The Bandwidth Broker (BB) was introduced in the IETF RFC 2638 as the logical entity in charge of resource management in a given administrative domain. According to the general definition, a bandwidth broker is responsible for resource allocation within that domain. Resource allocation may be accomplished by using protocols to communicate with other entities in the domain and by making admission decisions based on domain policies. The bandwidth broker may also communicate with neighboring bandwidth brokers for inter-domain resource management.

In the context of a GSM radio access network, a bandwidth broker may manage the IP-based transport resources used between the BTS and the BSC. As such, network management may be seen as an edge-to-edge resource management problem rather than an end-to-end problem. At call setup, or in the event of handover, the BSC asks the bandwidth broker about availability of transport resources for one or several paths, where each path is defined by two addresses in the radio access network. Once a request for resources has been accepted, packets can be transmitted on the path between the BTS and the BSC for that call. Policing and shaping at the edges (such as in the BTS) will ensure that the limits defined for a given QoS class are respected. However, in the event of unexpected events such as severe congestion or a link failure in the transport network, the bandwidth broker needs to be able to notify the BSC so that it may release previously established calls.

The current definition of Differentiated Services does not contain a simple, scalable solution to the problem of resource provisioning and control in the context of a cellular RAN. One solution, the load control scheme, has been proposed in a draft to the IETF, entitled “Load Control of Real-Time Traffic.” The load control scheme is very simple and has good scaling properties. It was specifically designed to solve the edge-to-edge problem and does not purport to be a replacement for RSVP for end-to-end signaling. The Resource Reservation Protocol, or RSVP, is defined by RFC 2205. Load control typically operates edge-to-edge in a DS (DiffServ) domain, where only the edge devices monitor flow state and do per-flow processing.

Load control provides functionality for performing measurement-based admission control and detection of exceptional events such as link failures. By sending a specially marked packet, denoted a “probe” packet, along the path from the ingress to the egress edge device, the resource state of interior routers is gathered. At each hop in the network, the router will determine its congestion state for a particular DSCP and interface. If congestion is detected, the packet is marked accordingly (but never un-marked). As such, when the probe reaches the destination, it gives an aggregated view of the congestion state of the path. As a probe packet can be piggybacked in any IP packet, ordinary traffic packets may be used to carry out load control probing. The probe result is then used as input to the admission control function.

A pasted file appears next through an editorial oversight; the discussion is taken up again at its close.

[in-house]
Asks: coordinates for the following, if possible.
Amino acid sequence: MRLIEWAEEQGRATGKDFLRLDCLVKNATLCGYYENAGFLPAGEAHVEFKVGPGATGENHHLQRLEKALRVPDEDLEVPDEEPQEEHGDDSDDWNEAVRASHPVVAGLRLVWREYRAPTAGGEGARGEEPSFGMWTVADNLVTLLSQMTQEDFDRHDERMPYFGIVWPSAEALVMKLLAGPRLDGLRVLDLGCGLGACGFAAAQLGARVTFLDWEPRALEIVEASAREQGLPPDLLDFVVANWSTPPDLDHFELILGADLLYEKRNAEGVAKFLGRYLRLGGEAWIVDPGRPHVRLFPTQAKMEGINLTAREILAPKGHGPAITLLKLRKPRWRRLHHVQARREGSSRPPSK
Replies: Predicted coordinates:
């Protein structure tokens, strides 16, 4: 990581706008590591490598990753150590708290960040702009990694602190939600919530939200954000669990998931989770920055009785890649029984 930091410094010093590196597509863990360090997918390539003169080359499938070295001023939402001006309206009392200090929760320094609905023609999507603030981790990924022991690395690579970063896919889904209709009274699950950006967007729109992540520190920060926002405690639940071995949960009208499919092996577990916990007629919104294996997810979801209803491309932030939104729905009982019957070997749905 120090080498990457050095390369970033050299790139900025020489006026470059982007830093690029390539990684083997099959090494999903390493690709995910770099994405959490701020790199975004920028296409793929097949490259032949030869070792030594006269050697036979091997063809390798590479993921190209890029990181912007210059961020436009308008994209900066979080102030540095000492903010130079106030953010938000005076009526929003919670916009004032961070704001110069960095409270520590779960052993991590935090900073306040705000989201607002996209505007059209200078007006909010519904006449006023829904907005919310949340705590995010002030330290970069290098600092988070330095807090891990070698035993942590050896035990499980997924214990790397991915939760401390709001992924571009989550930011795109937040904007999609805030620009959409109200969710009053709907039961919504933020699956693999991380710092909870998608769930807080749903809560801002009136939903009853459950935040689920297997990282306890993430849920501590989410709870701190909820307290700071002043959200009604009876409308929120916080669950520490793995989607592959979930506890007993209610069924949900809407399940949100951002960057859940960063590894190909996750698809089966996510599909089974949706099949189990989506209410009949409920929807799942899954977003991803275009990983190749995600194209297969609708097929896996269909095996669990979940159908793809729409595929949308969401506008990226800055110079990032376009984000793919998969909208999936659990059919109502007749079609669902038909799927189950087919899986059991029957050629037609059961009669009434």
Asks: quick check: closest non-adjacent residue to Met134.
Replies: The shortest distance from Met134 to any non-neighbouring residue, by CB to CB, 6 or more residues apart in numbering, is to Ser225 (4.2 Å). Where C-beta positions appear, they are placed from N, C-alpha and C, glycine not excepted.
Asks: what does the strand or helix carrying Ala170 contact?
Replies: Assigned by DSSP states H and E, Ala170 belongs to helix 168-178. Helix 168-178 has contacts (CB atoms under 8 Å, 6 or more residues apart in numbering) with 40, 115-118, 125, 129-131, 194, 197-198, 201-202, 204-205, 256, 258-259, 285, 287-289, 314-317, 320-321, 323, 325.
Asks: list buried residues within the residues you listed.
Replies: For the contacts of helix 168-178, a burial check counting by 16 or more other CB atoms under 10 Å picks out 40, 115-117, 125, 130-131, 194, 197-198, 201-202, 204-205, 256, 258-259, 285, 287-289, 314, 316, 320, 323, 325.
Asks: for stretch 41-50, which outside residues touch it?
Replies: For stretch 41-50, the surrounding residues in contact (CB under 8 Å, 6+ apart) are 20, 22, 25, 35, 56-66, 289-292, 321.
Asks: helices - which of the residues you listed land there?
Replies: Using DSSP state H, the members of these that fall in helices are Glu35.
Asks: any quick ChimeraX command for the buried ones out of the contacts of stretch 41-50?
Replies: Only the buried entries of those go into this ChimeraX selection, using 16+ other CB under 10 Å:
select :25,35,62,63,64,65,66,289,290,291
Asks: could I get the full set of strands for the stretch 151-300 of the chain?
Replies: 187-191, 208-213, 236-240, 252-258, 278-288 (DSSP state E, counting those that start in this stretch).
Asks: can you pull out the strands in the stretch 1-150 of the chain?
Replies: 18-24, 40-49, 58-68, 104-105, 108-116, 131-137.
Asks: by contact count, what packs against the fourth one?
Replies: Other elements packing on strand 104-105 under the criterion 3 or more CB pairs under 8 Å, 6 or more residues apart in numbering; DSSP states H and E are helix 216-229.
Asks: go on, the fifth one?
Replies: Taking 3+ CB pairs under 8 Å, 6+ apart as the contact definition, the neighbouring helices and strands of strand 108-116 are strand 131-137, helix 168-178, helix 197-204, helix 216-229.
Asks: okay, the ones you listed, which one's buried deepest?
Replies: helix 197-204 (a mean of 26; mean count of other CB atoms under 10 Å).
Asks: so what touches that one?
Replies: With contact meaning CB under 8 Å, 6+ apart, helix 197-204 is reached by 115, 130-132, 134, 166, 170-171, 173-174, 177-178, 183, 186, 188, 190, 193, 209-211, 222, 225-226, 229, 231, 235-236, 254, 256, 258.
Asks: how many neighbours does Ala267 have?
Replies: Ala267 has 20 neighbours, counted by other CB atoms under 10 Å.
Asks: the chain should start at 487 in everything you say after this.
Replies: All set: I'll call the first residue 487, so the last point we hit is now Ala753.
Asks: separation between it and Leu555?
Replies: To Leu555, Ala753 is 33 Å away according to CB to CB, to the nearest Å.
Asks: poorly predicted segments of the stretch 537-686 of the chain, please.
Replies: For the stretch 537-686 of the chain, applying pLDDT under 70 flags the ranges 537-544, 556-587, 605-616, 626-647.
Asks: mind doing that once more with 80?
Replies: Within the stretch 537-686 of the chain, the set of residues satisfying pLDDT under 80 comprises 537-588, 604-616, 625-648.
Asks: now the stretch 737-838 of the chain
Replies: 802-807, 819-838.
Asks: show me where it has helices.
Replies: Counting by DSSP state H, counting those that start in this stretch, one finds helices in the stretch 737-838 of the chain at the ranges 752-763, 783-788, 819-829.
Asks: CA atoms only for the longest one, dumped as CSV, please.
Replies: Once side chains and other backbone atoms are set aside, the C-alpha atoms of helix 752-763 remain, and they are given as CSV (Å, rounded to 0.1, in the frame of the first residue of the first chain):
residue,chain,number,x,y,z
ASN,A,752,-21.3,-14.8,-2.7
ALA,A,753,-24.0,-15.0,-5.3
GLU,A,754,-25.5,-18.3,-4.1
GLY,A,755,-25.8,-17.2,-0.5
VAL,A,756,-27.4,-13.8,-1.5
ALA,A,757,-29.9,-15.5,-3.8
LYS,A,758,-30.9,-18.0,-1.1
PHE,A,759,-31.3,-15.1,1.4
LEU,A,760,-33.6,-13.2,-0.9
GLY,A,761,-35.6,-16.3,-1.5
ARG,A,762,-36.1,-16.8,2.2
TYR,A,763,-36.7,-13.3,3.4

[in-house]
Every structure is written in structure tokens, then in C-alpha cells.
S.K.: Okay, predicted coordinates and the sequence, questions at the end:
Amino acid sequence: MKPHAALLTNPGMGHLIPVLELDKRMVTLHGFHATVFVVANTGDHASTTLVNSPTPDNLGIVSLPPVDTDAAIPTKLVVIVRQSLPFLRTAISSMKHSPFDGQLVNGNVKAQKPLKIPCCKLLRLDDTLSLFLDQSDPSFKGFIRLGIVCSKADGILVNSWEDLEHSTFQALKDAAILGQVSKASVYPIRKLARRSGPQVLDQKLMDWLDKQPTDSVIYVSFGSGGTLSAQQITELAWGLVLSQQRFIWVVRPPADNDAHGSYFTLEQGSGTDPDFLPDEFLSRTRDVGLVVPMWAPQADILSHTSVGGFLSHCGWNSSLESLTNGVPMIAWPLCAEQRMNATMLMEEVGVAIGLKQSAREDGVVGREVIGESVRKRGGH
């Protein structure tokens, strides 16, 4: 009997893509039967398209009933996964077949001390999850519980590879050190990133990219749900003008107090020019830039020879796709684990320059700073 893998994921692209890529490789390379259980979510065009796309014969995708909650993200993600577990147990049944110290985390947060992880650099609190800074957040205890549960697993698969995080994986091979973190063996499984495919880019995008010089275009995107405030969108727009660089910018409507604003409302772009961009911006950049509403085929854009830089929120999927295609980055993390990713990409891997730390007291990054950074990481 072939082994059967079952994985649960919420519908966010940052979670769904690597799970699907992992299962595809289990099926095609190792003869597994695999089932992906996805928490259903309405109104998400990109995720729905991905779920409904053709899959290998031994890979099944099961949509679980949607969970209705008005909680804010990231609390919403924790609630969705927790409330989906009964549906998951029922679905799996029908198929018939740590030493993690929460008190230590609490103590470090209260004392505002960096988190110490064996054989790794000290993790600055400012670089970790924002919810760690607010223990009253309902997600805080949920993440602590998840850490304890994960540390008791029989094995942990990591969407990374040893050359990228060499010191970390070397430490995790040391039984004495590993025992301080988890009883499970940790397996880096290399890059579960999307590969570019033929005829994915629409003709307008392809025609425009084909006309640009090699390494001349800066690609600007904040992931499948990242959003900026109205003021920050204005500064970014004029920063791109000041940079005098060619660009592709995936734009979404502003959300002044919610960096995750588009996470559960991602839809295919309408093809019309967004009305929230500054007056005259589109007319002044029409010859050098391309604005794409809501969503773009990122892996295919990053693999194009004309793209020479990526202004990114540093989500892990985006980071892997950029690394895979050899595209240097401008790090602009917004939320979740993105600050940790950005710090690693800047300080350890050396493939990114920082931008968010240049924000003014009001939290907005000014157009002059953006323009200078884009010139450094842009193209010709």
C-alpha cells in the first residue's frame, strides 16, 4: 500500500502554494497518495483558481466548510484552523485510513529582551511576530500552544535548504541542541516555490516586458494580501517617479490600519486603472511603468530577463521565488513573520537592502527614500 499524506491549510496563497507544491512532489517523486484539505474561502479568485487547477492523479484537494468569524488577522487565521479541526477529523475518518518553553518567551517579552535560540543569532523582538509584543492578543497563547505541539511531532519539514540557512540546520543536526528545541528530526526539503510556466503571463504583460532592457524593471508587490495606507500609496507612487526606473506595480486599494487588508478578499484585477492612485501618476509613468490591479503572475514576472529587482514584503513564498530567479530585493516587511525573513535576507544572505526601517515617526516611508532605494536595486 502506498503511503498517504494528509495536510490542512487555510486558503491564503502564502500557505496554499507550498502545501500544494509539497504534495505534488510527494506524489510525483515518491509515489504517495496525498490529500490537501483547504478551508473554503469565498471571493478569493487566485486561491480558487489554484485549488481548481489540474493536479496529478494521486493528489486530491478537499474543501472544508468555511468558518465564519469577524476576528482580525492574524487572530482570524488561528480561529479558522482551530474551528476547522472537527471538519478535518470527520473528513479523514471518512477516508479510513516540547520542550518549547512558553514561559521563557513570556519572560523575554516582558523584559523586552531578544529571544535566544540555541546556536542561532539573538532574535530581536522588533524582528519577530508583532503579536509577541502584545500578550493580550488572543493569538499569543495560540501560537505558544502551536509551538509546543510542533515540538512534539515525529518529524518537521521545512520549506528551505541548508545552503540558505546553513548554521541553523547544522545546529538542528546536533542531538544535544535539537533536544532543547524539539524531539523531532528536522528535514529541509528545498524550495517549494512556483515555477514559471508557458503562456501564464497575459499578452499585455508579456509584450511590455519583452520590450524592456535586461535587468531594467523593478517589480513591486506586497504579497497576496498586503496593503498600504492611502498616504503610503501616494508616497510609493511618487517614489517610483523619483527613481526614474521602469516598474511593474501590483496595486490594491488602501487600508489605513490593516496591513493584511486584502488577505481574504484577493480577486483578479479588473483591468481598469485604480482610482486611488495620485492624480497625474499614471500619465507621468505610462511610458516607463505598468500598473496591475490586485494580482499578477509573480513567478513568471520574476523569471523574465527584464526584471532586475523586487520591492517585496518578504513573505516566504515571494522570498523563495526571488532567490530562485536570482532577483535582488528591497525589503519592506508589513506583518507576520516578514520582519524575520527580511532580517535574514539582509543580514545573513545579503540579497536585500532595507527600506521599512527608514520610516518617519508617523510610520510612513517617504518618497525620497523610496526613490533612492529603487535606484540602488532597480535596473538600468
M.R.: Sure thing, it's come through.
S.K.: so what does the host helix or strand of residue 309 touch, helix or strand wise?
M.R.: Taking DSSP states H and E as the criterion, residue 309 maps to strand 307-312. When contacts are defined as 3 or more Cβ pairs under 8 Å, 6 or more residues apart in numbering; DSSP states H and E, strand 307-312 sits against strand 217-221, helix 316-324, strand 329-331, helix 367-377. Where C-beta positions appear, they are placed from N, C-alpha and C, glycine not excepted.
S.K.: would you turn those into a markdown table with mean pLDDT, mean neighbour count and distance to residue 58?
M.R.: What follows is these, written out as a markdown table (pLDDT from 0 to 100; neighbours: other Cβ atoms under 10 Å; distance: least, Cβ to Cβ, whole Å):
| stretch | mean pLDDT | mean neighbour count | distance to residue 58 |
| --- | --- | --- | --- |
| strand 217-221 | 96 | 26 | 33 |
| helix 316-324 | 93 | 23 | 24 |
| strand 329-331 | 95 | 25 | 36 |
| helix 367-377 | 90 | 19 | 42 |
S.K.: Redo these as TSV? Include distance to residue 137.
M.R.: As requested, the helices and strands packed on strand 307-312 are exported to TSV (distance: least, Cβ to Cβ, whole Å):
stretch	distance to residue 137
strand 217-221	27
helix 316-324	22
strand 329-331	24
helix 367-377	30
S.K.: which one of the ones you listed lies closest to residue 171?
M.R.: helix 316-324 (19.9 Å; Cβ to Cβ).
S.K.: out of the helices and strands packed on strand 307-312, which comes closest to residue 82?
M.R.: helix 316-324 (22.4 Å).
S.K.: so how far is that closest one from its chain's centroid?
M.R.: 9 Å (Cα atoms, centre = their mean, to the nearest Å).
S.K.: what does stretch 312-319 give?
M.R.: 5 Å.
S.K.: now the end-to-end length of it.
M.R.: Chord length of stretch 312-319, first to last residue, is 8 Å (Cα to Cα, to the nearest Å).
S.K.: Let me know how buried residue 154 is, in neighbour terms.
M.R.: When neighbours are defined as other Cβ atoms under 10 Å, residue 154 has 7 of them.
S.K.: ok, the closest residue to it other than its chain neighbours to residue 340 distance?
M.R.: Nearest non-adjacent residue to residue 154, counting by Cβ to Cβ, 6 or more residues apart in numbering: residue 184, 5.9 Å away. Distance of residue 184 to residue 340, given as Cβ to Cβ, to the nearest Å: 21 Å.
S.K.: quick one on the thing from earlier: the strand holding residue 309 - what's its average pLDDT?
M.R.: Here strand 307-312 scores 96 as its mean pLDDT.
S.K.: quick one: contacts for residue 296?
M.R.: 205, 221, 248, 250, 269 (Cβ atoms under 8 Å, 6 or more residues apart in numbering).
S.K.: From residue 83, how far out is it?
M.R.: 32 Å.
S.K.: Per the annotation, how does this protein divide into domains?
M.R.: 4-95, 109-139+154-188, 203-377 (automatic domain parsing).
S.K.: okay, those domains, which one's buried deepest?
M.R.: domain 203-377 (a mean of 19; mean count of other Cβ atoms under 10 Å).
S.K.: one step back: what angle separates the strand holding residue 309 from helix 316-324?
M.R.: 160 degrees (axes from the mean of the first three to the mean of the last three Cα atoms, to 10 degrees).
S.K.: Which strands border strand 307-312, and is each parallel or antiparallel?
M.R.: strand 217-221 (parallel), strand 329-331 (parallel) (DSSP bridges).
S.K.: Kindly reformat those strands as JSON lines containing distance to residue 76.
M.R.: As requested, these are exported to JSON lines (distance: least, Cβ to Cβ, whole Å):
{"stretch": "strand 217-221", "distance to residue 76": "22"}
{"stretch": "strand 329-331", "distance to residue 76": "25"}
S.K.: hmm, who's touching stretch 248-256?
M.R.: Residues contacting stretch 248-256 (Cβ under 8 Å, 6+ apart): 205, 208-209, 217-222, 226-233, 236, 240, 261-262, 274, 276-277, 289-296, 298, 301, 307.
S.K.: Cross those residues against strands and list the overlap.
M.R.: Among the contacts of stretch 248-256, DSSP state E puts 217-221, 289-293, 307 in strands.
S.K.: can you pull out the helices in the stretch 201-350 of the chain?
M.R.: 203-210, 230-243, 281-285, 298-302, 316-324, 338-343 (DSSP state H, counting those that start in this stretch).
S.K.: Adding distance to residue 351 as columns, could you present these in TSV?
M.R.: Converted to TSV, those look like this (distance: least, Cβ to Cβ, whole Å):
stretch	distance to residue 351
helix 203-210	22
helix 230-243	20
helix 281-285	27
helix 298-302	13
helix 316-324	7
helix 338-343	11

To determine the load status between an ingress and an egress edge device, the following steps are taken, as illustrated in FIG. 2. First, at the initiating ingress edge device, a load control proxy injects a load control probe packet into the network, addressed to the egress edge device. An ordinary traffic packet with payload can be used as a probe packet, but the header identifies the packet as having an additional purpose as a probe packet.

Next, the probe packet passes along the path to the destination, where interior routers measure their state, and, if they encounter near exhaustion of resources, they mark passing probe packets to indicate congestion. When the probe packet reaches the egress edge device, its header will reflect the aggregated resource status along that path. Finally, the egress device will then copy the status of incoming probe packets and may either send a report packet back to the ingress device or check for bidirectional resources by echoing the probe packet on the reverse path to the ingress device. When a probe or report packet is returned to the initiating ingress edge device, it uses the result of the probe for admission control and potentially other purposes.